is held in Ihe right. The bOllewould be held slightly
lurned outward so Ihal if 'he melalarsal is from Ihe
left Ihe wide ridge 8100gIhe junc:tion ofthe posterior
and medial faces of Ihe bOllewould be uppermost. lf
a right melatarsal is being cracked the posterior and
lateral faces of Ihe bOlle would be uppermosl and
aligned to receive!l blow. The hammer is held in lhe
fiGURE 4.47. TwJSfillB off spiroJly frocturerJ dislal end of a merafoFSaJ.
FIGURE: 4.4e. Impact and fracture patlerns typicul uf mefapodiuls broken for JmI1TOW.
Le" metocorpal,
m'dial tcce

." 'W'--' . m""

'."- : . aHer ,mpoct re - /,.. Postll"or f<lCII,
'. \ - - zrio

RiQht metatarsal,
aleral lace

\, - .--
't: _---.co

,,,..,, tece

, __--- ---; -.....A 8
-- , - .;_ I =
\..,,-, - ,- ,..
lett metatars<l1
" Human Modes of Bone Mndi!klllioll
iIlustrated in Figure 4.46. However, tbe blow ts gen-
erally delivered with 11more rounded portien of tbe
hammer and with more force, so a point of impaet
about three-querters of an ineh in diameter is pro-
duced. The blow is dtrected somewhat lower on tbe
sde of the bone. Generally, before the distal end is
twsted off a seeond blow ts directed along the same
side of the bone about z inches in from the distal end
of the bone. Both of these blows develop clesstc Im-
pact scars ringed wth small. incompletely fracturad
ny impaet chips (see Figure 4.48). When twsted
eer the second hlow, the bone may well fall into
beaically four preces: a splintered sechon of the ano
tenor crest of Ihe diaphysis, the distal end.fhe prox-
imal end, and a sertlon of the posterior face of the
daphyse. This is a hard bone, so that most of the
dagnosttc properties of poin! impact such as dts-
proximal end may be split with segmenta of the
proximal articulator surlace edhertng to vertous
bone platee and spltntees. Once the fracturad bone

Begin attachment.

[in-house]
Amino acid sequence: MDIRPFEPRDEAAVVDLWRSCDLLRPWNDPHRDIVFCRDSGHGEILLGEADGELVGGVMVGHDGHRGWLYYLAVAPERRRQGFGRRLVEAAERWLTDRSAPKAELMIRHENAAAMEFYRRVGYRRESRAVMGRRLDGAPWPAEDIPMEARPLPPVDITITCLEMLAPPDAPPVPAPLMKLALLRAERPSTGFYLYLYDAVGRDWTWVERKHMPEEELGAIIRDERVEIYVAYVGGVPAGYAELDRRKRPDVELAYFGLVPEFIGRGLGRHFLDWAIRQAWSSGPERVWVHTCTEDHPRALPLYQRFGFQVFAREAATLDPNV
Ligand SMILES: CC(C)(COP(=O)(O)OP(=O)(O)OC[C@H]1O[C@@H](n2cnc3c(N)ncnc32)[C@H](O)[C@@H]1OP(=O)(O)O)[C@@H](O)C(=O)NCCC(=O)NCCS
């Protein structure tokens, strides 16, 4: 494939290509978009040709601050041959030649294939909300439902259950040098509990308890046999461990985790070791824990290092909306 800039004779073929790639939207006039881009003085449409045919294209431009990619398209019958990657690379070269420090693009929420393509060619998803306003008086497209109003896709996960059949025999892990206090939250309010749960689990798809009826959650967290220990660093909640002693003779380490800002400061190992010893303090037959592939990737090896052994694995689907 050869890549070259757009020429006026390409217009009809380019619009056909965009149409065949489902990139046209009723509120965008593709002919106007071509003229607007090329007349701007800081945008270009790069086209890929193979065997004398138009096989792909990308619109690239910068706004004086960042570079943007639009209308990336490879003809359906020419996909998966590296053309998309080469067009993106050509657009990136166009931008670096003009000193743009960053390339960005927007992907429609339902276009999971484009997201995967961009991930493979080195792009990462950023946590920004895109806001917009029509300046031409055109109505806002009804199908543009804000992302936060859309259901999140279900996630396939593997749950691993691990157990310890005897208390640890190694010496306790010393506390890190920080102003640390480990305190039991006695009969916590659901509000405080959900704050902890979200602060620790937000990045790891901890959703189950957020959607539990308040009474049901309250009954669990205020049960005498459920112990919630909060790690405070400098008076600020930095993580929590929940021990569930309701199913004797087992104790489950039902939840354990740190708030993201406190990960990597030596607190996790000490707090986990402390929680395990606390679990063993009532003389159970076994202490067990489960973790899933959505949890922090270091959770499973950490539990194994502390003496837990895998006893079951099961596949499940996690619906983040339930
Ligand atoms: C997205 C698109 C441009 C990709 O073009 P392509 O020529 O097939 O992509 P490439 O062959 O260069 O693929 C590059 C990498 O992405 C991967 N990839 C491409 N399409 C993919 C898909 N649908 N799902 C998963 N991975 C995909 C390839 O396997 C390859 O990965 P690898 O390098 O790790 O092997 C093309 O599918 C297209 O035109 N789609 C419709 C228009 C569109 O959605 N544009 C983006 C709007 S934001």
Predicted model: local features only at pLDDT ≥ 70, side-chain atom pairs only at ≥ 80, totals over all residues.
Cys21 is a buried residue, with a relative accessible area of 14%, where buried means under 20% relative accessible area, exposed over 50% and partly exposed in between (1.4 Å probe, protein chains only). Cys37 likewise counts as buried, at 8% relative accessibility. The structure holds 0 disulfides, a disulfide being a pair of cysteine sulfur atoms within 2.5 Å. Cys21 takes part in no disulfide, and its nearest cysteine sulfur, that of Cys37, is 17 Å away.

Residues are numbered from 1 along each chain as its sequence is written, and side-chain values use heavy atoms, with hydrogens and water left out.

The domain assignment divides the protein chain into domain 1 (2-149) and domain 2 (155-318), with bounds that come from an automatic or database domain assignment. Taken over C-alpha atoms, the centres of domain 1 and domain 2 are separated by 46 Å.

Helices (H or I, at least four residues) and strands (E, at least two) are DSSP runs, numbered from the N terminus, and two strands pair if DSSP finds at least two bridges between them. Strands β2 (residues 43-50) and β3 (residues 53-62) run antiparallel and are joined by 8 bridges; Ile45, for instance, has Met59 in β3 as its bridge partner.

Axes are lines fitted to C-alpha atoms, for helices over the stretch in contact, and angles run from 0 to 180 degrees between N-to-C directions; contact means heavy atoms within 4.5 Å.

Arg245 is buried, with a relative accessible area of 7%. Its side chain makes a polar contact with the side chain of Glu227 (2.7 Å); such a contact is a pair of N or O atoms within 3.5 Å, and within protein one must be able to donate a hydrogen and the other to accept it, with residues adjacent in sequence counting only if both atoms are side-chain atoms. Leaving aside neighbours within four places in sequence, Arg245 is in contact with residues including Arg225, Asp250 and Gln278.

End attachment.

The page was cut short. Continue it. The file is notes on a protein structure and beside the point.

eplnters and pletes are picked off the bone. the mar-
row ts removed. normally by dggtng tt out with a
stick or with Iba knife blBde as ts shown in Figure
Another bone sometimes broken for marrow in
bUDtiog cernps and stands ts Ihe metaceroal. In
GBribou thts s structurally a very different Iype o
bone In that the dephyss is much thcker then in
Iha metetersel, and the rnerrow cavily s much
smaller. The bona is shorter than the meteterset and
it Is much more symmetrical in cross sectlon. Itjs
prepered in Ihe same manner as the metetarsel but it
i8 broken somewhat differently. The posttton of the
bone relativa 10the hand-held hammer is the same as
IJ"uoP. - --48<'" A... 4:"- j-.I
~ . _--'.
ttnct tmpact notchee remen 00 the fragments ot the
diaphysis. As in Ihe case of the metatarsal, Ihe prox-
imal end may sometimes splil out with Ihe sections
nf diaphysis.
Variability arises in the degree oC cleaning and
Ihe degrea lo which bones are disarticulated from
adjoining bones. It Is nol UDcommon to lee the lower
reer les of 8 caribou- phlcettup clOl'Ie lo Ihe-tire fur
warming pl'ior lo skinnlng, sometimea witt\ the -fool
snd larsal stiU articulated. Once Ihe bone Is warmed,
Ihe skin oC Ihe central par! o Ihe anterior BurJace
may be removed sud a series ofblows directed o.loog
Ihe uoctnre o Ihe latefal lace sud the anterior nute,
resulting in Ihe plates and thin bone splinlers de-
scribed for the other melhod of cracking bones.
These will be pulled up and commonly allowed lo
rernain aHached by lIssue at the proximal or dislal
~ "''1/'
....' ~ ..J
.,," "
4. Humen Modes of Done Modification
FIGURE 4.49. Removing marrow from me proximal secliQn 01 a broken melatarsol.
ende of the bone. A window ts thereby exposed and
warm marrow may be dug out. The result is 6
rnetatarsal wilh a Iypically angular fracture profle
along Ihe central part ofthe diaphysis bul with prox-
imal and distal ends remaining arliculated with the
fool and larsals respectively. Somewhat more com-
monly Ihe {oot will be disllrticulated and the bundle
of tendon Ihal runs aloog Ihe posterior surface of!he
metalarsal will be pulled up lo its altachment al Ihe
tarsals. The exposed dislal end of Ihe metatarsal will
be Irealed in the same manner as a complelely
deaned bone. The only difference is that Ihe prox-
imal end remains articulBted with Ihe tarsals and